We are going to miss him deeply.

He was just 56 years old.

I was reading an article from gizmodo  and I couldn’t agree more.

Bill Gates may have put a computer on every office desk, but it was Steve Jobs who put one in every dorm room and bedroom and living room. And then, years later, he repeated the trick, putting one in every bag and every pocket, thanks to the iPad and iPhone. If you use a computer or smartphone today, it is either one he created, or an imitation of his genius.

He changed the way movies are made, the way music is sold, the way stories are told, the very way we interact with the world around us. He helped us work, and gave us new ways to play. He was a myth made man.

He made Apple the most valuable company in the world.

I just watched again  Steve Jobs 2005 Stanford Commencement Address and it truly inspired me. It is one of the best speeches ever.

I hope you can spend 14 minutes to watch this speech – and to remember him.

What Steve left behind can be found in this Stanford commencement speech.

“Your time is limited, so don’t waste it living someone else’s life. Don’t be trapped by dogma — which is living with the results of other people’s thinking. Don’t let the noise of others’ opinions drown out your own inner voice. And most important, have the courage to follow your heart and intuition. They somehow already know what you truly want to become. Everything else is secondary.”

He truly reminds us that life is too short and we can do great things if we believe in ourselves.

Stay hungry, stay foolish.

“Remembering that you are going to die is the best way I know to avoid the trap of thinking you have something to lose,” 

I respect him as a legendary business leader, an individual who inspired the world and made our life so much fun with all these Apple products.

Steve Jobs, you are the legend.  May you rest in peace.

iPhone 4S – iPhone For Steve

It’s his last masterpiece and I am going to buy one to remember Steve Jobs – the legend.



Sep 14, 2011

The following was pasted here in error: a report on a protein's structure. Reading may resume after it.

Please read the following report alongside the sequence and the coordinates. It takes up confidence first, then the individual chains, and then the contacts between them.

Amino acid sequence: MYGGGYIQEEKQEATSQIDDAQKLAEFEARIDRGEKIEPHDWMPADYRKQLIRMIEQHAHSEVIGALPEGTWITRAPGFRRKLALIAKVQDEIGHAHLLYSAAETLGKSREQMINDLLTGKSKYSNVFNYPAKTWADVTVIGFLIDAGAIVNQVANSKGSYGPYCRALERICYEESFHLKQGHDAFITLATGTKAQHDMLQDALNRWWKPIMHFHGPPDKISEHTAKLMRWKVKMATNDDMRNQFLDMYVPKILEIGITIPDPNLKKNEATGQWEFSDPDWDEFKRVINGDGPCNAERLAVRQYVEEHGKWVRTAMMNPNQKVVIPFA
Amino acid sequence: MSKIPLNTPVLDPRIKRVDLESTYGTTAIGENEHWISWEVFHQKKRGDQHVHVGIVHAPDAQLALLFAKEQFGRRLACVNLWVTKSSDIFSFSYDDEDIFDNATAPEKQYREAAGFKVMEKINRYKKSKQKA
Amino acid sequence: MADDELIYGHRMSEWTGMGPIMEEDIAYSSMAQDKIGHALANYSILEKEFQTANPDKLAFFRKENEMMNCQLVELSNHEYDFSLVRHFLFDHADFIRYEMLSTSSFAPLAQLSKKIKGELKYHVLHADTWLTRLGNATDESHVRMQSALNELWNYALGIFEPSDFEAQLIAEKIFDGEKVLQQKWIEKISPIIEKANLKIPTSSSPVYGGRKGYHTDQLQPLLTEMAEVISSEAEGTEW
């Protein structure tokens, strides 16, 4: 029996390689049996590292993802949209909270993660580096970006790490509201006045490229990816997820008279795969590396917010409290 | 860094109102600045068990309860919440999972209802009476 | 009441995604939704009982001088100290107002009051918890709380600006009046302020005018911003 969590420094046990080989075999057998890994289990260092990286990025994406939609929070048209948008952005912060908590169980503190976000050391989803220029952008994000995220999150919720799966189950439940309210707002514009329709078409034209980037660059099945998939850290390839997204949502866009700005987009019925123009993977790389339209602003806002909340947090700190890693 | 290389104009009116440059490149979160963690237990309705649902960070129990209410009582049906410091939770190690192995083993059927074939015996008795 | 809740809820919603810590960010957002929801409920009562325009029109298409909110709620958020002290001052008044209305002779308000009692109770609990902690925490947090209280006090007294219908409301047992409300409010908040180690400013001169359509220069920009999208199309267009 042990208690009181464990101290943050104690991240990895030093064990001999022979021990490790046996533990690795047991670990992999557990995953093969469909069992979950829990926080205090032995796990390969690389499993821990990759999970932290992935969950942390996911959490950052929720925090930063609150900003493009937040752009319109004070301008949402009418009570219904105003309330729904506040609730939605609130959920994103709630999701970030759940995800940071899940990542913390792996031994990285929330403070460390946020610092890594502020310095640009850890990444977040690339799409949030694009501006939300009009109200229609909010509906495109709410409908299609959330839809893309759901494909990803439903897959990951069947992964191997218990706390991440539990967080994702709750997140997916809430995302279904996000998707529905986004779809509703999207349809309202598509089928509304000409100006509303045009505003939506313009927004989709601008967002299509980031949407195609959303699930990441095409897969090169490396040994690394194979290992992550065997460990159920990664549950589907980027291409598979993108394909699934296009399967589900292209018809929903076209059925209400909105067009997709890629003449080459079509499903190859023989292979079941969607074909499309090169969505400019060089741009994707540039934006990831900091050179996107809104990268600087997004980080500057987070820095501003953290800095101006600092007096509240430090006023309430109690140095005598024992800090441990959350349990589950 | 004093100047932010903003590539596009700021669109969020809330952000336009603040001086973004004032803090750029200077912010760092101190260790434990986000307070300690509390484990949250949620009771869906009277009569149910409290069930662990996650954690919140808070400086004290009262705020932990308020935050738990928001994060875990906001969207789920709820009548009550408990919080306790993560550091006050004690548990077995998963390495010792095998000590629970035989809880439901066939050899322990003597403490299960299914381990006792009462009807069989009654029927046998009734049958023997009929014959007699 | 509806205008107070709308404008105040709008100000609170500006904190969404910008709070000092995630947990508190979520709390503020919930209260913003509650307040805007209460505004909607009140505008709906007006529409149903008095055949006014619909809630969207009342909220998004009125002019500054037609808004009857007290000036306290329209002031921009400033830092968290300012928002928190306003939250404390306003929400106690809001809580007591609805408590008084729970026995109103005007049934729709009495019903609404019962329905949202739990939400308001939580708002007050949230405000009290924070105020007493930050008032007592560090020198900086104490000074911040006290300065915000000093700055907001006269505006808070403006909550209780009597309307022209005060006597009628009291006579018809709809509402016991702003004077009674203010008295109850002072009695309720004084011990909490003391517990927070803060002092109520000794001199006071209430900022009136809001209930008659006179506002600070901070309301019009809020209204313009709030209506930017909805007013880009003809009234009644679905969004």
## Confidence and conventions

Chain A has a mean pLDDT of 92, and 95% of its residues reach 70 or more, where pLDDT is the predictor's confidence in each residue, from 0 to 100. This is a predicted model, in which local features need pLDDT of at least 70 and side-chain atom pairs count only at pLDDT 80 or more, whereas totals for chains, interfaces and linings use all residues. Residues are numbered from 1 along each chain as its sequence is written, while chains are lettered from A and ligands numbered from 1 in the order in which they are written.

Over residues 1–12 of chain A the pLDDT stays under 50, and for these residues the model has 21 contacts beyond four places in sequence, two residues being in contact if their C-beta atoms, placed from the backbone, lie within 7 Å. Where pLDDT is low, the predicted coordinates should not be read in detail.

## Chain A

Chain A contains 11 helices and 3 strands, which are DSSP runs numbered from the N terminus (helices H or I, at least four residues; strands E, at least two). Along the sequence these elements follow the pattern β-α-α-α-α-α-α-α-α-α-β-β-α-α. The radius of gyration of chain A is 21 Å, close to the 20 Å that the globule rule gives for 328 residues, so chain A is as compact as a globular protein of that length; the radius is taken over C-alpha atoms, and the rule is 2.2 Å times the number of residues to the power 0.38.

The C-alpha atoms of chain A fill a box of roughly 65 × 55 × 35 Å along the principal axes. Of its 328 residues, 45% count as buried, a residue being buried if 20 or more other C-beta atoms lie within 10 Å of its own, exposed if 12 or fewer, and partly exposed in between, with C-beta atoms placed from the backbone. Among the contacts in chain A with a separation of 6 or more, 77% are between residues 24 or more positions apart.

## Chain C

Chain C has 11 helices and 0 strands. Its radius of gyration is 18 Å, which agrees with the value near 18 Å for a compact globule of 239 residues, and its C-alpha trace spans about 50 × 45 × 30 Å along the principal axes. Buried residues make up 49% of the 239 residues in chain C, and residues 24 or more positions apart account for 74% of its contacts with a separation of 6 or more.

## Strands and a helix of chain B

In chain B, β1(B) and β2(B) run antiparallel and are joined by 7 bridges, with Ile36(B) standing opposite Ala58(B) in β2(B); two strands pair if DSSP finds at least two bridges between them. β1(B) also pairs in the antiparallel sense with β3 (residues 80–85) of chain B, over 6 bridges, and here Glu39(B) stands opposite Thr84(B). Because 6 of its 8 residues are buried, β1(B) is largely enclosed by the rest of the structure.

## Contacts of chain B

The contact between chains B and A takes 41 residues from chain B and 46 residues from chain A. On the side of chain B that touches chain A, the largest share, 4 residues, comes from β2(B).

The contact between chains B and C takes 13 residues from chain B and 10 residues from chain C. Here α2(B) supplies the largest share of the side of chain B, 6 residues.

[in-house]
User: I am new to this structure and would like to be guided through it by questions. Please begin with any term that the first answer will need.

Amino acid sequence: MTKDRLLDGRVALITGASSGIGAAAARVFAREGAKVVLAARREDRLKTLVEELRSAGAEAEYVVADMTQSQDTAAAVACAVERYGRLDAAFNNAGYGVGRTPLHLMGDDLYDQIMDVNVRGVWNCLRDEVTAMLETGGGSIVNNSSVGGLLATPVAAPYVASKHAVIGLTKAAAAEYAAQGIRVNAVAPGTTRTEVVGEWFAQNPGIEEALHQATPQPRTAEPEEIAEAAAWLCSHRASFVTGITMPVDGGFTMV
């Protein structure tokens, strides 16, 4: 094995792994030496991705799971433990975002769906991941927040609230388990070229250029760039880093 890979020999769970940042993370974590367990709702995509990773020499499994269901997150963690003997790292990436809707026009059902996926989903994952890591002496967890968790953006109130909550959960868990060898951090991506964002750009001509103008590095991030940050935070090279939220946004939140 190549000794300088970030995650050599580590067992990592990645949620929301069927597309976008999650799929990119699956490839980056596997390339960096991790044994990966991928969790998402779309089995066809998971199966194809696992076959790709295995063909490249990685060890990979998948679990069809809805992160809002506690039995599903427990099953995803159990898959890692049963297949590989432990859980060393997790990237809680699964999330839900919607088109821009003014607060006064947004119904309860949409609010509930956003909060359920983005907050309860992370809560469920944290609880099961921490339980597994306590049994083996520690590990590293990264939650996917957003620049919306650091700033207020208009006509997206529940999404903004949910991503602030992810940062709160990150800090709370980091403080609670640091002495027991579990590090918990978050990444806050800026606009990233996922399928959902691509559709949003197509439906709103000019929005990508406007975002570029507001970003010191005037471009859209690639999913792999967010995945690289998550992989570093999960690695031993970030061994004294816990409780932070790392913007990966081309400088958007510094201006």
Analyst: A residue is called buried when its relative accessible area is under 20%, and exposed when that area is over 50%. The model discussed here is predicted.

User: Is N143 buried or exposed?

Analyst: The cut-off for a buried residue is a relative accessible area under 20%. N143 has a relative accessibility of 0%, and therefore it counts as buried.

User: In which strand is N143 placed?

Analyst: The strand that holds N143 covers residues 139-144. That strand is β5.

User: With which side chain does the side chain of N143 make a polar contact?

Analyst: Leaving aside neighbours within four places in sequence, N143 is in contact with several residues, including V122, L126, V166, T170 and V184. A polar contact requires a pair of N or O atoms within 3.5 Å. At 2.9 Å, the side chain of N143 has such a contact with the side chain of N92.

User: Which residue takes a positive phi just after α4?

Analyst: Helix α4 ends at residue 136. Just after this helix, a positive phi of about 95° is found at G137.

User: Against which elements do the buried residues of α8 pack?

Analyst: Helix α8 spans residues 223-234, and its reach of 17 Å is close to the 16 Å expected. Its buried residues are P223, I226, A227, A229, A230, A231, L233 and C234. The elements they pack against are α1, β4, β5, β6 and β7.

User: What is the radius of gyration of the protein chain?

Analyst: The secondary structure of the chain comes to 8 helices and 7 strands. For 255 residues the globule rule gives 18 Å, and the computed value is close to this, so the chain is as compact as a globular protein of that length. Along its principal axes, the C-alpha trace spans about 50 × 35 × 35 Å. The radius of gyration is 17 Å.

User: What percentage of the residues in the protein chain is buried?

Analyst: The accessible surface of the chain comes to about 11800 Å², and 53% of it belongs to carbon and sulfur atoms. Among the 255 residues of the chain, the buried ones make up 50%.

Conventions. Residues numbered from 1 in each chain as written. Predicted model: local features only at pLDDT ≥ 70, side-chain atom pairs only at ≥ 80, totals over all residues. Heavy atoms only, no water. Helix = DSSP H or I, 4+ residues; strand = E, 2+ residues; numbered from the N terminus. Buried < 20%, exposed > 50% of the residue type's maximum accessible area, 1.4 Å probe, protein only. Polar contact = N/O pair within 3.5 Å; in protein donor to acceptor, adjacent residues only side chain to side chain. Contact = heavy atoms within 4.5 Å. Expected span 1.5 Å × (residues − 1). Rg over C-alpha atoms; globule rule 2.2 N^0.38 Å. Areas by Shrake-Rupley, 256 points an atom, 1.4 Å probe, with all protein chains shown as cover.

WEPA Cloud Printing at Marymount University

As Apple announced iCloud as the new way to store and access our content – We knew that cloud-based system is going to change the way we live, sooner or later. Bulky hard disk might just go into history like how USB thumb drive replaced Floppy Disk.

Dropbox, the online sharing folder system is just one of the good examples.

In campus, students print a lot for assignments and research papers.

WEPA Cloud Printing at Marymount University is something very student-friendly and documents can be uploaded anytime and be printed out from the WEPA kiosks which are located at library and dorms.

I believe this cloud printing is quite common in US especially workplaces and colleges. Here’s how it works:

WEPA Kiosk is a touch screen machine which prints documents uploaded through internet.

If your college has a WEPA service, you can just log into and sign up a student account.

For Marymount University, it’s free to print black & white documents and 50 pages maximum per printing!

Upload your document to the website and it will be stored in the cloud system.

I just uploaded International Finance homework and ready to print it at WEPA Kiosk in Gerard Hall, where I stay.

Sign in with your Marymount Student Email & Password to access into the account.

Select documents you want to print and click WEPA Account… and here you go!

Assignment is ready!

The purpose I’m writing is quite a number of students in Marymount do not know we can actually upload at laptop and print it for free!

If you’re a Marymount student, printing is all free at least for now! But… do save papers! = )

p/s: Wilson does print a lot of papers especially for his International Finance class. He needs to complete 2 new chapters of homework every week before the class. 

Welcome to this simple yet awesome blog.



Cities I visited